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Idioscopic, Special Science

Idioscopy

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Digital Companion to C. S. Peirce
Idioscopy
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Idioscopic, Special Science
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1902 | Minute Logic: Chapter II. Prelogical Notions. Section I. Classification of the Sciences (Logic II) | CP 1.239-242

Among the theoretical sciences [of discovery], I distinguish three classes, all resting upon observation, but being observational in very different senses. [—]

Class III is Bentham’s idioscopic [CP 1.242n2: “Idioscopic … from two Greek words, the first of which signifies peculiar. In Idioscopic ontology, then, we have that branch of art and science which takes for its subject such properties as are considered as peculiar to different classes of beings, some to one such class, some to another.” The Works of Jeremy Bentham, Edinburgh, 1843, viii, 83, footnote.]; that is, the special sciences, depending upon special observation, which travel or other exploration, or some assistance to the senses, either instrumental or given by training, together with unusual diligence, has put within the power of its students. This class manifestly divides itself into two subclasses, the physical and the psychical sciences; or, as I will call them, physiognosy and psychognosy. Under the former is to be included physics, chemistry, biology, astronomy, geognosy, and whatever may be like these sciences; under the latter, psychology, linguistics, ethnology, sociology, history, etc. Physiognosy sets forth the workings of efficient causation, psychognosy of final causation.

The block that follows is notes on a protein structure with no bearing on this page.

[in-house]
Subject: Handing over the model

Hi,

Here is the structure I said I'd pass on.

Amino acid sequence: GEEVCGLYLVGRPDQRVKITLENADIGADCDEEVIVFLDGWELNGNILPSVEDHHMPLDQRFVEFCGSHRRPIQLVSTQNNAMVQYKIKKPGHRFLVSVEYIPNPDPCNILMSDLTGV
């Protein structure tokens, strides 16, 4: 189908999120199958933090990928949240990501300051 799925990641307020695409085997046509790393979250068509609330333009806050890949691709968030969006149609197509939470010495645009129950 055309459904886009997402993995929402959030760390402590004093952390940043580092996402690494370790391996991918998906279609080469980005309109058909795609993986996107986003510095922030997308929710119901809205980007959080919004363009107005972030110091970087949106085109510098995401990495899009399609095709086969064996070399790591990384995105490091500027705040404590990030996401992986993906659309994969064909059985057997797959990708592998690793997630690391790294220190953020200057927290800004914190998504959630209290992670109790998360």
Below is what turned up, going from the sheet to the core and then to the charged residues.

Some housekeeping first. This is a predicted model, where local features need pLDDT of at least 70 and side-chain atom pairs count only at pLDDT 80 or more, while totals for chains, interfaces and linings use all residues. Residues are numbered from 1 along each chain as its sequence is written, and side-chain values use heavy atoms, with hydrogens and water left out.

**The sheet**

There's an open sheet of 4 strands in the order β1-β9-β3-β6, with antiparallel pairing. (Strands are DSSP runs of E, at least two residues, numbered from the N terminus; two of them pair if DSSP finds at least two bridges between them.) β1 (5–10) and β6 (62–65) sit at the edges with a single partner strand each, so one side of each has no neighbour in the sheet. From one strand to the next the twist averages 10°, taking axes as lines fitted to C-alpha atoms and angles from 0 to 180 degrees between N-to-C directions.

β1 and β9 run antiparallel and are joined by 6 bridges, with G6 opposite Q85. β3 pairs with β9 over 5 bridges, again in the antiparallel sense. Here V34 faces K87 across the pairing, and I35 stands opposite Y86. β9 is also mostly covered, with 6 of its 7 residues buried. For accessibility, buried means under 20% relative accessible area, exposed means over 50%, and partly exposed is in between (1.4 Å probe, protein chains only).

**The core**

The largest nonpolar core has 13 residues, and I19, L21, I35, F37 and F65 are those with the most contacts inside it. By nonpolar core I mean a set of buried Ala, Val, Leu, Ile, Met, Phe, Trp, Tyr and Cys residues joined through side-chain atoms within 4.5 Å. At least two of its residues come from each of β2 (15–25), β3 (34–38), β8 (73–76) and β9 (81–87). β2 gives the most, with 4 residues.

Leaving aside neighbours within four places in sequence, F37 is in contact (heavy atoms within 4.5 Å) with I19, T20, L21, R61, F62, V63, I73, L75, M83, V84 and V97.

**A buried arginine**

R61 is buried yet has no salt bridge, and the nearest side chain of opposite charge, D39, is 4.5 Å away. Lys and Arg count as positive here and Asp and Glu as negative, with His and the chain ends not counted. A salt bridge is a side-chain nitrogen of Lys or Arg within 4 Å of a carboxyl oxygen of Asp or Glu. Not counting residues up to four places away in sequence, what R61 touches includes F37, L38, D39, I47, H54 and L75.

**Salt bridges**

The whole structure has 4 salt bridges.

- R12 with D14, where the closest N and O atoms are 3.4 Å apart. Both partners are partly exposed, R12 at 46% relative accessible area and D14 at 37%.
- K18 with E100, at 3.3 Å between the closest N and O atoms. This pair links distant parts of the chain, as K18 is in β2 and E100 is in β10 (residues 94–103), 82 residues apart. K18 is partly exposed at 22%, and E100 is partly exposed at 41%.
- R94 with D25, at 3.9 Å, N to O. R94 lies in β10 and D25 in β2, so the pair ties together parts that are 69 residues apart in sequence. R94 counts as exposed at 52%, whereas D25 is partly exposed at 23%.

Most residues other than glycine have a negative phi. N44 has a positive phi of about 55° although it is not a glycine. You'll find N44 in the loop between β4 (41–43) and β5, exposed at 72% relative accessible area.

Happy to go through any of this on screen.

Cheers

1903 | A Syllabus of Certain Topics of Logic | CP 1.183-187

Science of Discovery is either, I. Mathematics; II. Philosophy; or III. Idioscopy.

Mathematics studies what is and what is not logically possible, without making itself responsible for its actual existence. Philosophy is positive science, in the sense of discovering what really is true; but it limits itself to so much of truth as can be inferred from common experience. Idioscopy embraces all the special sciences, which are principally occupied with the accumulation of new facts. [—]

Idioscopy has two wings: a. the Physical Sciences; and b. the Psychical, or Human Sciences.

1903 | A Syllabus of Certain Topics of Logic | CP 1.183-187

Science of Discovery is either, I. Mathematics; II. Philosophy; or III. Idioscopy.

Mathematics studies what is and what is not logically possible, without making itself responsible for its actual existence. Philosophy is positive science, in the sense of discovering what really is true; but it limits itself to so much of truth as can be inferred from common experience. Idioscopy embraces all the special sciences, which are principally occupied with the accumulation of new facts. [—]

Idioscopy has two wings: a. the Physical Sciences; and b. the Psychical, or Human Sciences.

1904 | Reason's Conscience: A Practical Treatise on the Theory of Discovery; Wherein logic is conceived as Semeiotic | NEM 4:191; HP 2:825

Idioscopy is that science which is occupied in making new observations and which uses these to find out what further it can by inference.

1905 | Review of Wilhelm Wundt's Principles of Physiological Psychology | CP 8.199

The sort of science that is founded upon the common experience of all men was recognized by Jeremy Bentham under the name of cenoscopy, in opposition to idioscopy, which discovers new phenomena.

1905-06 [c.] | Monist [R] | MS [R] 1338:7

The third department [of heuretic science], called idioscopy, embraces all those kinds of investigation which are occupied in bringing to light phenomena previously unknown and which having discovered these phenomena use the same observational methods to push the study of them further.

nd | A Suggested Classification of the Sciences | MS [R] 1339:6

I divide the sciences of discovery into, 1, Mathematics, which traces out the consequences of hypotheses without concerning itself with their truth, and as the business is carried on, also formulates these hypotheses to represent in some measure confused statements of supposed fact (or fancy); 2, Philosophy, which deals with positive truth, but only so far as it is discoverable from ordinary everyday experience; 3, Idioscopy, or Special Science, which business chiefly consists in observation.